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Innovating and renovating brand pipelines to inspire growth

Innovating and renovating brand pipelines to inspire growth

Lyn Wilson

Integrated Senior Planner

J Walter Thompson


The South African economy has been faltering for a number of years, failing to expand more than 2 percent a year since 2014. In 2018 the South African economy grew by a mere 1.4 percent in the fourth quarter, contributing to an overall growth rate of 0.8 percent for the entire year, according to Stats SA. 

Euromonitor’s Country Reports for South Africa, June 2018 shows that sales in multiple brand segments have remained flat. Some brands are growing behind their category’s current trajectory; others are driving stagnation in their category; and others still are even experiencing a retraction in their category. Many brands can expect greater competition from disruptive global and local newcomers, changing customer preferences for products and services, and a low to slow growth environment for some time to come.


Changes in preferences are being driven across the board (for the “haves,” the “have-nots,”  and even the “have yachts”) by a commensurately changing consumer consciousness manifesting as fundamentally altered attitudes as to how, on what, and how much we spend. This has been caused not merely by economic and political factors but also ascendant health, wellbeing, social, and environmental concerns.

Little surprise then that many of the big research houses, such as Euromonitor, are predicting a plateauing in several categories for the foreseeable future.

In this taxing trading environment, how can we support our South African clients with their most pressing strategic need: growth?

Understanding a consumer’s perception of a brand is the usual place to start. This data is crucial, yet it doesn’t always provide the critical clues necessary for deciphering the entire picture.

Often pivotal leads can be found in the soft signals in society, the tremors of a shifting category and competitive environment, and, specifically, the fault lines of cultural change. A good semiotic analysis picks up on and tracks these emerging tremors, and, if leveraged consciously, can provide a coherent path through the chaos of such a shifting landscape. In the right hands, it can inspire and energize marketing communications and brand teams about future opportunities, including planning a forthcoming brand, packaging design, communications campaigns, and even innovative products or services. As a result, brands can stay ahead of the curve relative to the category and the competition.

Renovating the brand pipeline and communicating the brand’s innovation via emergent but appropriate cultural codes, can make the difference between star status and growth or being a forgotten non-entity of a brand.


Recently we were asked to look at a growth strategy for a prestigious, heritage brand. We began by exploring residual, dominant, and emerging cultural codes. The semiotic analysis was then correlated to the brand’s current value proposition. We found that what used to be an emotional “feel good” purchase, has now become a rational, studied purchase. Further, it became clear that fundamental cultural shifts are at play in South Africa, indicating a strong movement away from a once prestigious luxury buy to what will become a conscious, socio-political buy in the future.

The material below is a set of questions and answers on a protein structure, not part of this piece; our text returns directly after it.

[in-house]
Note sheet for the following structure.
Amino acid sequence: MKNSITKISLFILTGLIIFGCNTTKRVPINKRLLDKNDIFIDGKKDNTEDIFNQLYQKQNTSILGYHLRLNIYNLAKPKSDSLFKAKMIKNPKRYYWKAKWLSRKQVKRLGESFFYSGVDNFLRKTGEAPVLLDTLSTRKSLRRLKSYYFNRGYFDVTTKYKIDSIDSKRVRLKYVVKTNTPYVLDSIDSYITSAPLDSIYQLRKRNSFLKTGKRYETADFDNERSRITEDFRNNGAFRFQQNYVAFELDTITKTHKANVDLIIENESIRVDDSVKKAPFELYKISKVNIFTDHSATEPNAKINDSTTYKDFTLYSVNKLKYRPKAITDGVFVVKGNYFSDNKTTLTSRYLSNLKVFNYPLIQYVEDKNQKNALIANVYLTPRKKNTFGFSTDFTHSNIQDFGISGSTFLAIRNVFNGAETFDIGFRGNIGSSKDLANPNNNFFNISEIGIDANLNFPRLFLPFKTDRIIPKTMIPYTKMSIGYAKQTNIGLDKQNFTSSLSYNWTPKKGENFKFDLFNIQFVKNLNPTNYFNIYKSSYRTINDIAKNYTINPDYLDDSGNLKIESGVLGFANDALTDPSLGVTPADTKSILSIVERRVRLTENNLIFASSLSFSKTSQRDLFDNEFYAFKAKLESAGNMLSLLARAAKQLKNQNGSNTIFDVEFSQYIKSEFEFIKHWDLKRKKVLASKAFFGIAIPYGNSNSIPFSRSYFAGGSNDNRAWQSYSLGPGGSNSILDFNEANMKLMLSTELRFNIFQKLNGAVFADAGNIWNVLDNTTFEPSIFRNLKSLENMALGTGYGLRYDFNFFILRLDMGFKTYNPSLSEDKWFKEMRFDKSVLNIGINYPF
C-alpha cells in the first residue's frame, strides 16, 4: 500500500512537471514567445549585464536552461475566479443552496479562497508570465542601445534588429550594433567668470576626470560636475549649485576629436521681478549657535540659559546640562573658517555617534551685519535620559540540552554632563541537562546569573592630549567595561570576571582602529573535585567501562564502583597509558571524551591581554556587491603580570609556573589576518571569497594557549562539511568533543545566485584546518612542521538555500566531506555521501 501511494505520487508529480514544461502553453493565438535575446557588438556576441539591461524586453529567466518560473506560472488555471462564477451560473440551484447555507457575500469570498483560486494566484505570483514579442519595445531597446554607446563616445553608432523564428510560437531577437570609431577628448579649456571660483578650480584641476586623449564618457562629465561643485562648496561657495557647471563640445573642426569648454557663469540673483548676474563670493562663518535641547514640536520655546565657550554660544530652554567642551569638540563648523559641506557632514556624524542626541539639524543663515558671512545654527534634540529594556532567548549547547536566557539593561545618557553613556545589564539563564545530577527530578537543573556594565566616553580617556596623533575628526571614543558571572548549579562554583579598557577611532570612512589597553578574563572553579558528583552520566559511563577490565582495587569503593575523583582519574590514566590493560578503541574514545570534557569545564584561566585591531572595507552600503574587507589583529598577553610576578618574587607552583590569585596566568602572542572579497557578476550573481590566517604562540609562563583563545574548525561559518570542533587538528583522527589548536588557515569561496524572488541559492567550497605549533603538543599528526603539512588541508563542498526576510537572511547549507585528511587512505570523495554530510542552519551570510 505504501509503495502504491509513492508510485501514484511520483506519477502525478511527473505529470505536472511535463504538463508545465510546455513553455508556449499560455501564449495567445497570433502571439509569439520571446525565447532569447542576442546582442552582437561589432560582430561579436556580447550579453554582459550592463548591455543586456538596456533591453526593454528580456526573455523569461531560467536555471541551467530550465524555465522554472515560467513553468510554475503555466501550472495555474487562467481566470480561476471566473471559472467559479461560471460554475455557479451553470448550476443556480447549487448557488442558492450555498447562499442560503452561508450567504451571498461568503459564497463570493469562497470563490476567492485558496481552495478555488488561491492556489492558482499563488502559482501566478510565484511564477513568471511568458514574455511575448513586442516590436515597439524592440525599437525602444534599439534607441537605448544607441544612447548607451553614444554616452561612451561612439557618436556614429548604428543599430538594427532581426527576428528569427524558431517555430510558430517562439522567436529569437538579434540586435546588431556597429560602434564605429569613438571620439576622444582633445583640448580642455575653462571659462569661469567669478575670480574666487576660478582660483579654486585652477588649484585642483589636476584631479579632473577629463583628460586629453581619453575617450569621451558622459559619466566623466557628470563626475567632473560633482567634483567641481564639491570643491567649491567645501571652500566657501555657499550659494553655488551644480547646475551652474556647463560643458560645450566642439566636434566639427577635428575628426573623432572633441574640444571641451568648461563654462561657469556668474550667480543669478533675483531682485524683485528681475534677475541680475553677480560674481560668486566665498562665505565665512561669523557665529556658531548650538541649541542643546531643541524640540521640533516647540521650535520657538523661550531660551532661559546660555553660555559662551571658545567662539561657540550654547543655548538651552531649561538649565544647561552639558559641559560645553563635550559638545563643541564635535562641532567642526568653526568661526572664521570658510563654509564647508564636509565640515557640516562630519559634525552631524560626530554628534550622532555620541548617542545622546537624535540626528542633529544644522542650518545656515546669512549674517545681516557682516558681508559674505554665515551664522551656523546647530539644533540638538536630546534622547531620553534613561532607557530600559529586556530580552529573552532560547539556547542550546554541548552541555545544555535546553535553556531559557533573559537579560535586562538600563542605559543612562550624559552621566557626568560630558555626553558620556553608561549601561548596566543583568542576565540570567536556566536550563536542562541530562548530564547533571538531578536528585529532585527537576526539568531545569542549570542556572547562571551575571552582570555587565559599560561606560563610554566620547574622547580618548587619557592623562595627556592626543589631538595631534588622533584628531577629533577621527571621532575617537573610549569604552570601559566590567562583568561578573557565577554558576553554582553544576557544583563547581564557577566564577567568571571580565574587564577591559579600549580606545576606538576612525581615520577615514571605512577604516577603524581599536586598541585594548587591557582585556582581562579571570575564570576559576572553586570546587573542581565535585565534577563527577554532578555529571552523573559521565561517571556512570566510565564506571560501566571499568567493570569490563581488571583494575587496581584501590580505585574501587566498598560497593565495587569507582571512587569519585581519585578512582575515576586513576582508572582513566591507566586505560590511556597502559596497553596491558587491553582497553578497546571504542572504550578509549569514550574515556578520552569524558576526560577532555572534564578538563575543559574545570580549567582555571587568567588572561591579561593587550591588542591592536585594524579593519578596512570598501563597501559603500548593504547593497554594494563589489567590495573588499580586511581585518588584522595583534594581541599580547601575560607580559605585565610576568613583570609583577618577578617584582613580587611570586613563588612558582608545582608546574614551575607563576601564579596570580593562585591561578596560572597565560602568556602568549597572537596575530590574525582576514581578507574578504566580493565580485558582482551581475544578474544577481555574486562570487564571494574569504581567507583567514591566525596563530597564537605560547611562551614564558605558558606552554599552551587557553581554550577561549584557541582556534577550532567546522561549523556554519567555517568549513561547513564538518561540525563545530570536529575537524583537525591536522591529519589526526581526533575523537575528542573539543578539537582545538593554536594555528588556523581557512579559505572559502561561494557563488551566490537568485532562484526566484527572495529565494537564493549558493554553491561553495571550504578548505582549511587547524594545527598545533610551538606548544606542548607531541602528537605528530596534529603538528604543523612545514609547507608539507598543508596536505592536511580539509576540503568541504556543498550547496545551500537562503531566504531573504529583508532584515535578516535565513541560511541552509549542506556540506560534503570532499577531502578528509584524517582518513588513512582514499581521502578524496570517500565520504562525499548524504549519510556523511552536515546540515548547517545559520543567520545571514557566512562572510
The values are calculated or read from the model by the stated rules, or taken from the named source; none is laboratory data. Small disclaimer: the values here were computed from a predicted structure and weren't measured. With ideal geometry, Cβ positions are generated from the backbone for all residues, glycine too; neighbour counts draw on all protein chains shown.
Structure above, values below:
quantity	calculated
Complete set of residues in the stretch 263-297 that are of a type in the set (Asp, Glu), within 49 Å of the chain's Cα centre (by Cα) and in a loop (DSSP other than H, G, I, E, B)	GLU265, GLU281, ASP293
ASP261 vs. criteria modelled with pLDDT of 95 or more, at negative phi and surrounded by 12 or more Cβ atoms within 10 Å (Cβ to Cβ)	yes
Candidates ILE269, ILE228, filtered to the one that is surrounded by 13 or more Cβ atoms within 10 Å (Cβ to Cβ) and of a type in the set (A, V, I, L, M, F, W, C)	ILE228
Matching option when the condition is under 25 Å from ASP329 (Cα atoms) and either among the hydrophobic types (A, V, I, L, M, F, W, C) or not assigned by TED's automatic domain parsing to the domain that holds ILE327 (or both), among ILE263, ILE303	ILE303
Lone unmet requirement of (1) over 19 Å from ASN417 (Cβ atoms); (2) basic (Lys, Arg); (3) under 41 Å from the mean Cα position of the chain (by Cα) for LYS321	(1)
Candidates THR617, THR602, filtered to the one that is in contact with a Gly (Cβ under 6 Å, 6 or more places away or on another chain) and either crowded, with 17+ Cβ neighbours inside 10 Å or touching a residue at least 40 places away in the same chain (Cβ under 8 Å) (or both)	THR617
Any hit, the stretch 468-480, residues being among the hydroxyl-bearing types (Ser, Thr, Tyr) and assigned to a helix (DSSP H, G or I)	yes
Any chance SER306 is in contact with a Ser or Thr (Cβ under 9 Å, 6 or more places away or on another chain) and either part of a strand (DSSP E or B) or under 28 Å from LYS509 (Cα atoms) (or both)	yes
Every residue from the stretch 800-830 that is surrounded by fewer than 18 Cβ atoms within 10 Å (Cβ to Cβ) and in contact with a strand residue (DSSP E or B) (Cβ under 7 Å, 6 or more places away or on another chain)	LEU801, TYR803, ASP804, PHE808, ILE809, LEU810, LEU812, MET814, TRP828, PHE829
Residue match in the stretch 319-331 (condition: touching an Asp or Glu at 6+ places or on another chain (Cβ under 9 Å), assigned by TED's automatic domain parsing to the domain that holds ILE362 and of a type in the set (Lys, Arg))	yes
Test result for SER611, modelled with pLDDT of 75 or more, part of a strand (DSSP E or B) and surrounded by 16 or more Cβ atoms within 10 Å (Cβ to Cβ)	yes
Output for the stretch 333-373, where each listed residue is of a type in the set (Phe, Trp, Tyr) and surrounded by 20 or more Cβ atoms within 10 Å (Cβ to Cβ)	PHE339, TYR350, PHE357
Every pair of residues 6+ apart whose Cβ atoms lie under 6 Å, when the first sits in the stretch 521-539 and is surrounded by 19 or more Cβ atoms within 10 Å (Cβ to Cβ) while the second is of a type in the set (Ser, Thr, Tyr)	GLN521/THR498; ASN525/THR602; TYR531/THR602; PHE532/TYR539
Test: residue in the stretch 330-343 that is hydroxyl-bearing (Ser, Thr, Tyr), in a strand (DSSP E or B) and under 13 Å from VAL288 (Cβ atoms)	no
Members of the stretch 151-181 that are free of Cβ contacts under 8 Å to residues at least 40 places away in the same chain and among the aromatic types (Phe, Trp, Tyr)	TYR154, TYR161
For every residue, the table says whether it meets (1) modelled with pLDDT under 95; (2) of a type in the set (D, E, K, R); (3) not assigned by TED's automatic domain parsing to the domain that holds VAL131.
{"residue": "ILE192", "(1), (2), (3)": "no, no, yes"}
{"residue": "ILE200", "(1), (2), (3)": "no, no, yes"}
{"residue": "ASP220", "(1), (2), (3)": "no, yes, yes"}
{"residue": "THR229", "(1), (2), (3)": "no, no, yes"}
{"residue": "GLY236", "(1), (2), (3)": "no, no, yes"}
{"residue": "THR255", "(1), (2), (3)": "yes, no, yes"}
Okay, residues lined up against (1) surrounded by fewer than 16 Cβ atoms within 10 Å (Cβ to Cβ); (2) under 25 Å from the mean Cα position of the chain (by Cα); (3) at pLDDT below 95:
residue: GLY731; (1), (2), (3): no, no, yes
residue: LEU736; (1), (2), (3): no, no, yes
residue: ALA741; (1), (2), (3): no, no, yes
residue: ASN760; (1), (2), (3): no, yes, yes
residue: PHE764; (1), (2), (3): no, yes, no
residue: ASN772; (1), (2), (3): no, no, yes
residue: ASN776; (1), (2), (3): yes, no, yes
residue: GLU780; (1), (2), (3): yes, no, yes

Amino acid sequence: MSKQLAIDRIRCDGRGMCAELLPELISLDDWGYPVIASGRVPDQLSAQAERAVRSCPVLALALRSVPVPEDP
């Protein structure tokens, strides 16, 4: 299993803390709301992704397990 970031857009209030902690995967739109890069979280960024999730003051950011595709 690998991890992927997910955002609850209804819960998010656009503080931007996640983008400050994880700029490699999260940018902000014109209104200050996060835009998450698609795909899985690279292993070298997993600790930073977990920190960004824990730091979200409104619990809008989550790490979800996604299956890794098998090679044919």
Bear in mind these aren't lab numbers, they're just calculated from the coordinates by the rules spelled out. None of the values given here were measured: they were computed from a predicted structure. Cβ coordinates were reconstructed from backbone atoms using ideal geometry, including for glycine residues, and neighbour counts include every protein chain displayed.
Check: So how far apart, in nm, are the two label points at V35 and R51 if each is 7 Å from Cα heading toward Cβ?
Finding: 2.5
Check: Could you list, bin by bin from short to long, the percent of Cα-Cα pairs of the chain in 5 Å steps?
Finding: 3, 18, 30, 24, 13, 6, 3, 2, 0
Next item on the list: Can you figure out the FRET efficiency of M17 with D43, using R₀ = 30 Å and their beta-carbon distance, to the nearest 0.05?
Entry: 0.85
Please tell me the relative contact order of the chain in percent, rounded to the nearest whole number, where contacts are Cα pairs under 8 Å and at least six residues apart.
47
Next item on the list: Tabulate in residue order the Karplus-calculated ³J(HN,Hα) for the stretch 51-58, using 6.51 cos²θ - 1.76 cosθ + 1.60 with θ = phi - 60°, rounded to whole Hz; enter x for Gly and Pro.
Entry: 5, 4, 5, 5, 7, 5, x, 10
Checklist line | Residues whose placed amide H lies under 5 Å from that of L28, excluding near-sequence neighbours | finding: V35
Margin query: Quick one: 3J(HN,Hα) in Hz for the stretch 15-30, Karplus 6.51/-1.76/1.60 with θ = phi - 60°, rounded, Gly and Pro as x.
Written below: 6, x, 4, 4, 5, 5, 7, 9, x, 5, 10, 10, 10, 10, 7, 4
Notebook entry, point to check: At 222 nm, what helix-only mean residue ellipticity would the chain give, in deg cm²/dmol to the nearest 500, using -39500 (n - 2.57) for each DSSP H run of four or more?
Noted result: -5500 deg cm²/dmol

The results showed an existential threat to the category as we knew it, clearly calling out an inflection point for the brand in question. We concluded that it was doubtful the brand would be in a better trading position in the next five years. More importantly, however, our analysis signaled a clear opportunity, a largely uncontested “blue ocean” space, where the brand could take the lead on emergent cultural codes, regain market share, and actively drive growth.

In another exercise, we ascertained that a product that was once generally accepted as a well-deserved reward for hard work and providing for the family had since progressed to a reward for personal progress. And it would in the near future become a rare indulgence, a hidden part of a modern lifestyle (from what was once a normative part of life) and indeed a social taboo.

The copious, conspicuous consumption patterns of the past are in the middle of making a 180-degree turn to the center of meaningful consumption and frugality. In this context, the consumer’s relationship with certain brands—not only the ones we were working on—will weaken and may even break down entirely.

South Africa is not alone in experiencing shifting cultural behaviours and codes. Strong undertones of a pushback on globalization and homogenization are affecting consumer mindsets and wallets around the world.

Whilst the data we collected and analyzed to inform the client’s strategy is of course proprietary, the approach is evergreen! And if you are not considering emergent cultural codes in your category, maybe you should be.